Edit 22/03/2017: So I really loved this book at the time but it has been pointed out today that the romance in it could be taken as a romance between a Jewish girl and a Nazi, whilst I personally didn’t feel like Luka was a Nazi as he seemed to mostly get by in life not taking an interest in anything and is completely unaware of all of the politics, this doesn’t mean he was completely innocent. Here is a thread on twitter: https://twitter.com/Bibliogato/status/844582171637624832. I’m sorry if you went onto read this series/book after reading my review and were hurt by it. I’m a white, non religious person so I wasn’t aware when reading this of possible triggers, which I’m sorry about, I fucked up in not relaying this in my original review.

Thank you to netgalley and Hachette Children’s Group for sending me a copy of this book in exchange for an honest review.

Gosh this book. I don’t honestly know where to start with my review for this. I was completely blown away. I liked Wolf by Wolf but it just felt like there was something missing stopping me from loving it completely. Then this book happened.

There were so many twists and turns in this book, I had no idea what was going to happen next. Between the discoveries about the Nazi Government now knowing that they’ve been using skin shifters and never knowing who to trust I felt like I couldn’t breathe when I was reading this. I read it so quickly, I could not put it down.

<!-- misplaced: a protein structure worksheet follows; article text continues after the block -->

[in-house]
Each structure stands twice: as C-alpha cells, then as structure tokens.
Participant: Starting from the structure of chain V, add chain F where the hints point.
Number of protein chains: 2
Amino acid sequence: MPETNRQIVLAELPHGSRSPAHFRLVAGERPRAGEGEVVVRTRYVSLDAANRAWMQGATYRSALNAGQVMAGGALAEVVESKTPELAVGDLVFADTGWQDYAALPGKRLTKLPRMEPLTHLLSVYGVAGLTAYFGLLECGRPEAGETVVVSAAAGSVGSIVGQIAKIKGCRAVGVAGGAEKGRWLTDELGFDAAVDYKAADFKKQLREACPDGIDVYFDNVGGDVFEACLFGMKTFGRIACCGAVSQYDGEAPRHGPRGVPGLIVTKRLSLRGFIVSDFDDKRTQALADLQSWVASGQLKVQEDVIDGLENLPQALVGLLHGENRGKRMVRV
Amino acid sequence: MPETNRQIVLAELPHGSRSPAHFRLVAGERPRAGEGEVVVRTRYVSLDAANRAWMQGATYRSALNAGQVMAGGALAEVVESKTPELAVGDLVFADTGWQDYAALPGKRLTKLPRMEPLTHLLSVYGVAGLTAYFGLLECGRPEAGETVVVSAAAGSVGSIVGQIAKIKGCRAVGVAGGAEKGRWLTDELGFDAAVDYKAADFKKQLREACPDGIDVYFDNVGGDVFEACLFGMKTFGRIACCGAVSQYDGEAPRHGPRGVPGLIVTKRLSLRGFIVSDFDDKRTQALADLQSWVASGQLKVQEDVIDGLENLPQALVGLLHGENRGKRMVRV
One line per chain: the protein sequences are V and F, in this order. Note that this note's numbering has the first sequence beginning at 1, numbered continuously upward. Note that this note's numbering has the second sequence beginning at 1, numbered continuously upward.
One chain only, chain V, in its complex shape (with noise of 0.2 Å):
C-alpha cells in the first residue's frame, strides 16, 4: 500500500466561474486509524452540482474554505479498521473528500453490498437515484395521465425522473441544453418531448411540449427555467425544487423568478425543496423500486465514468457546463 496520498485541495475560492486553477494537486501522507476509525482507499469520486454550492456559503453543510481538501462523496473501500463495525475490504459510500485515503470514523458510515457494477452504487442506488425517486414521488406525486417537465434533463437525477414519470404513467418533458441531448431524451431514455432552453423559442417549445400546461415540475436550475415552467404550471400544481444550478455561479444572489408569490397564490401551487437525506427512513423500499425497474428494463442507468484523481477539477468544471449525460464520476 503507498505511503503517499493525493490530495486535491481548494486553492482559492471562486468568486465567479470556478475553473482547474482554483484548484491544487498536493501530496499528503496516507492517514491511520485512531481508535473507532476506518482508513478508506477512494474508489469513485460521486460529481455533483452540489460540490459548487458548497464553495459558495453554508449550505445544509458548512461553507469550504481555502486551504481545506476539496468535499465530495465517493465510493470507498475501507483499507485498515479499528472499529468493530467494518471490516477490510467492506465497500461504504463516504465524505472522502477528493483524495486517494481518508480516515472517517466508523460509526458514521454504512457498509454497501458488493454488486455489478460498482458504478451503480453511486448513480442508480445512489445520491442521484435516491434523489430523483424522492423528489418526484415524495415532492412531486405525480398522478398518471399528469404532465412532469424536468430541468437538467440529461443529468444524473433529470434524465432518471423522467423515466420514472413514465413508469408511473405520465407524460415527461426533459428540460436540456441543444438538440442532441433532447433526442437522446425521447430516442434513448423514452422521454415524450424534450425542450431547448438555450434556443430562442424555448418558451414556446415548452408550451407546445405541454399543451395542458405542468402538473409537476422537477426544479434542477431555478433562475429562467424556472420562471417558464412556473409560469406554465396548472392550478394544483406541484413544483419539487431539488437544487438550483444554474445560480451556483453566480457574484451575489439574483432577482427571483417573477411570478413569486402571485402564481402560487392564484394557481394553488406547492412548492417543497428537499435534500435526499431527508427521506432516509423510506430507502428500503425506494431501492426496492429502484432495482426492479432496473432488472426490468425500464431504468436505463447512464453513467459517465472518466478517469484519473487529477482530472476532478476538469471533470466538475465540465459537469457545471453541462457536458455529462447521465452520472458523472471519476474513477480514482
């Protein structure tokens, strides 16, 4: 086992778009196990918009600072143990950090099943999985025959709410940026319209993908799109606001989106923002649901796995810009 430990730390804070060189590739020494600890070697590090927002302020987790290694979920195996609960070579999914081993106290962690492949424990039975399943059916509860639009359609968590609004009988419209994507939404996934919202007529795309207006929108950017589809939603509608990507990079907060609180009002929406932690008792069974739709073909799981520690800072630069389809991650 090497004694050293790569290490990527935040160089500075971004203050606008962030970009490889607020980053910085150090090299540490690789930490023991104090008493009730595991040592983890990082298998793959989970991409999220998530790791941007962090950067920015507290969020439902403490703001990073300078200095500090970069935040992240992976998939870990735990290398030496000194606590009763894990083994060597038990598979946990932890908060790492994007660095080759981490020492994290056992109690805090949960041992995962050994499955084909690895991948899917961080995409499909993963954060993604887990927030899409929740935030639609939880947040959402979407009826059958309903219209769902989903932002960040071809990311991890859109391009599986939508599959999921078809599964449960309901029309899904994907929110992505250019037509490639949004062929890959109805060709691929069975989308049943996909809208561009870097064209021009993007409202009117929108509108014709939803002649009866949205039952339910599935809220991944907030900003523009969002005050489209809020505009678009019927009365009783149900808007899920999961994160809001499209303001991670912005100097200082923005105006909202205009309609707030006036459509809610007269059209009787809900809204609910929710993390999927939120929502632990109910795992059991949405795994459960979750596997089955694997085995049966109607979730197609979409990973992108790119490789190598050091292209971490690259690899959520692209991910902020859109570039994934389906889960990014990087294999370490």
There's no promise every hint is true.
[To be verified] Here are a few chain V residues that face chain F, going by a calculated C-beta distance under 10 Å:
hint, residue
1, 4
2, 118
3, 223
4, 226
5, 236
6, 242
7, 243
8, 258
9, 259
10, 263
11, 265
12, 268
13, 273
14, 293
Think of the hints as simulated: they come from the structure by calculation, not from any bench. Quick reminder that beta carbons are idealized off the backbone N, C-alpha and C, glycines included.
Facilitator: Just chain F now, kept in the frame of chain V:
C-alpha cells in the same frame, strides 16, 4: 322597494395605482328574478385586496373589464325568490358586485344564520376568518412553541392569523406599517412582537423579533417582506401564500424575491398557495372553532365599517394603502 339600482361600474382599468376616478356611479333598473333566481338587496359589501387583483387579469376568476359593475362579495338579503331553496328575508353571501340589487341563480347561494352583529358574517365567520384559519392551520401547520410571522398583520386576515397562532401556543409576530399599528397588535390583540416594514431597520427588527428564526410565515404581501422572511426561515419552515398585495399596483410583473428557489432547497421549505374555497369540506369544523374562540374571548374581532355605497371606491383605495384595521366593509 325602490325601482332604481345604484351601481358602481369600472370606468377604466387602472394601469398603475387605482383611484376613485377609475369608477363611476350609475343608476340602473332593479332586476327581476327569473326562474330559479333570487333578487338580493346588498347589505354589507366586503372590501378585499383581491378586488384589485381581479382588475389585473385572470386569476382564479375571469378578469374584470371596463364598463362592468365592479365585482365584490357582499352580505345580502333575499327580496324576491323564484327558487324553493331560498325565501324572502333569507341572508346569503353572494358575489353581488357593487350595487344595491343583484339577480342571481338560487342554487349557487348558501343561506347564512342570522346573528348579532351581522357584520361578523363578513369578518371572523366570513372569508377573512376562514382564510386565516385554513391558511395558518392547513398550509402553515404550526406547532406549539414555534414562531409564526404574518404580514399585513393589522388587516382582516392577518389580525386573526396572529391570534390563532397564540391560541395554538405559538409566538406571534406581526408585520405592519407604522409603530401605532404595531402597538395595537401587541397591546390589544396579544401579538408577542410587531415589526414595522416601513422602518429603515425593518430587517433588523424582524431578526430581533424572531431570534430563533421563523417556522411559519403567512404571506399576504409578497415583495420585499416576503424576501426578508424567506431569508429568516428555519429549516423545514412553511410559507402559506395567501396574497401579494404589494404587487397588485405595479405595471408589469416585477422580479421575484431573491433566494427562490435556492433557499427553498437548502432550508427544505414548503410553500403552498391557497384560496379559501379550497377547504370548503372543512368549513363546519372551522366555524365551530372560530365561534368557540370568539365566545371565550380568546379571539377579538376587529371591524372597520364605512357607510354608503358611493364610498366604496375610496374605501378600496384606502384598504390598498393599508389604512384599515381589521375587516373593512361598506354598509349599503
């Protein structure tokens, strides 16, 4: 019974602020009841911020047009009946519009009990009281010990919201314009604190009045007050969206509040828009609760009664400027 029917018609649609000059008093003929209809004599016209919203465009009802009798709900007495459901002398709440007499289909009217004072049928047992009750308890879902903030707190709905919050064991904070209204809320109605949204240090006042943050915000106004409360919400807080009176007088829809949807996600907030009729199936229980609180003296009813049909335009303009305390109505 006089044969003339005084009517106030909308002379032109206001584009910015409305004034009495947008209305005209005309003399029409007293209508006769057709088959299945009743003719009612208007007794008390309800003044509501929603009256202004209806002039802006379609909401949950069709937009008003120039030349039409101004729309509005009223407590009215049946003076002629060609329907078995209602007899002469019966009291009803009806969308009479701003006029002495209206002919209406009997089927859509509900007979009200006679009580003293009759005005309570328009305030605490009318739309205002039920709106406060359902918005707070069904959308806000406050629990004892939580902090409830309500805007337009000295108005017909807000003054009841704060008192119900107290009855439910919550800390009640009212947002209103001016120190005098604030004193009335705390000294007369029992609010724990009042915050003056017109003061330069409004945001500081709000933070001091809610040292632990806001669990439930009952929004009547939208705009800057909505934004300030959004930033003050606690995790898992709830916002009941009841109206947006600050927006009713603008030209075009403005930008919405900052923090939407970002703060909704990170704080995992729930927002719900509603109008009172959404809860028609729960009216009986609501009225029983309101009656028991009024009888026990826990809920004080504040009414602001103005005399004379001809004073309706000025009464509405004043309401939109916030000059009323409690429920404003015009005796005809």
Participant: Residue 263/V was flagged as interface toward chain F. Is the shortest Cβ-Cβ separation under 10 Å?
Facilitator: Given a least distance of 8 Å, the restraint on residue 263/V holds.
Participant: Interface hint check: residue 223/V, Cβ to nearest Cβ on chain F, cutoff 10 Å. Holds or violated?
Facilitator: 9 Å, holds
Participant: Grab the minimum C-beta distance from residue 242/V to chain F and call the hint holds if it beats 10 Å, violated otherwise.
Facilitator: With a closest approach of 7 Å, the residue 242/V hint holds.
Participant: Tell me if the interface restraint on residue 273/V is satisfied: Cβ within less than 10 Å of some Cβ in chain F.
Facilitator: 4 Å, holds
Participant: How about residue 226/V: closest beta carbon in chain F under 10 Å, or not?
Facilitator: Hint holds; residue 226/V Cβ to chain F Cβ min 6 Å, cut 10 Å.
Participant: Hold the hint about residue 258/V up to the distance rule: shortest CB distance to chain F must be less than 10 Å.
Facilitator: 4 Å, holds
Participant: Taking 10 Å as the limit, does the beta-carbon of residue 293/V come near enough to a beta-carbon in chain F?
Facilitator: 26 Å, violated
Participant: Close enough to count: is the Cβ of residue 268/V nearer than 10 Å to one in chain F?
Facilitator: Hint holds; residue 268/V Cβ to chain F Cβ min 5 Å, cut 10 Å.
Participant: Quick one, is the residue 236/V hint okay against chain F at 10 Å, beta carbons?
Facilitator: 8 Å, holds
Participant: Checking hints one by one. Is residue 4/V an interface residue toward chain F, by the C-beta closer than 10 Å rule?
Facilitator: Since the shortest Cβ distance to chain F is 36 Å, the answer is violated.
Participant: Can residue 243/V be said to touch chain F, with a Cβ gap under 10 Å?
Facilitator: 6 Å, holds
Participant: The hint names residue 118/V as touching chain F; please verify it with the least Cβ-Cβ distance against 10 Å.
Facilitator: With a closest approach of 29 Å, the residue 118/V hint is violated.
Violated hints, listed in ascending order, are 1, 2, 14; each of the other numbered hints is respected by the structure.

I love Luka so much, I already had a soft spot for him after the first book but then this book showed a whole new side of him, a soft, trusting side. When he learns that the Nazis experimented on kids he goes from being indifferent about the government to being disgusted with them and himself for not knowing this was going on. He shows so much development.

The characterisation was so on point. When characters did stupid things I found myself practically screaming at the page, but it wasn’t stupid stupid, it was believable stupid. They were human and had flaws but they worked in every situation.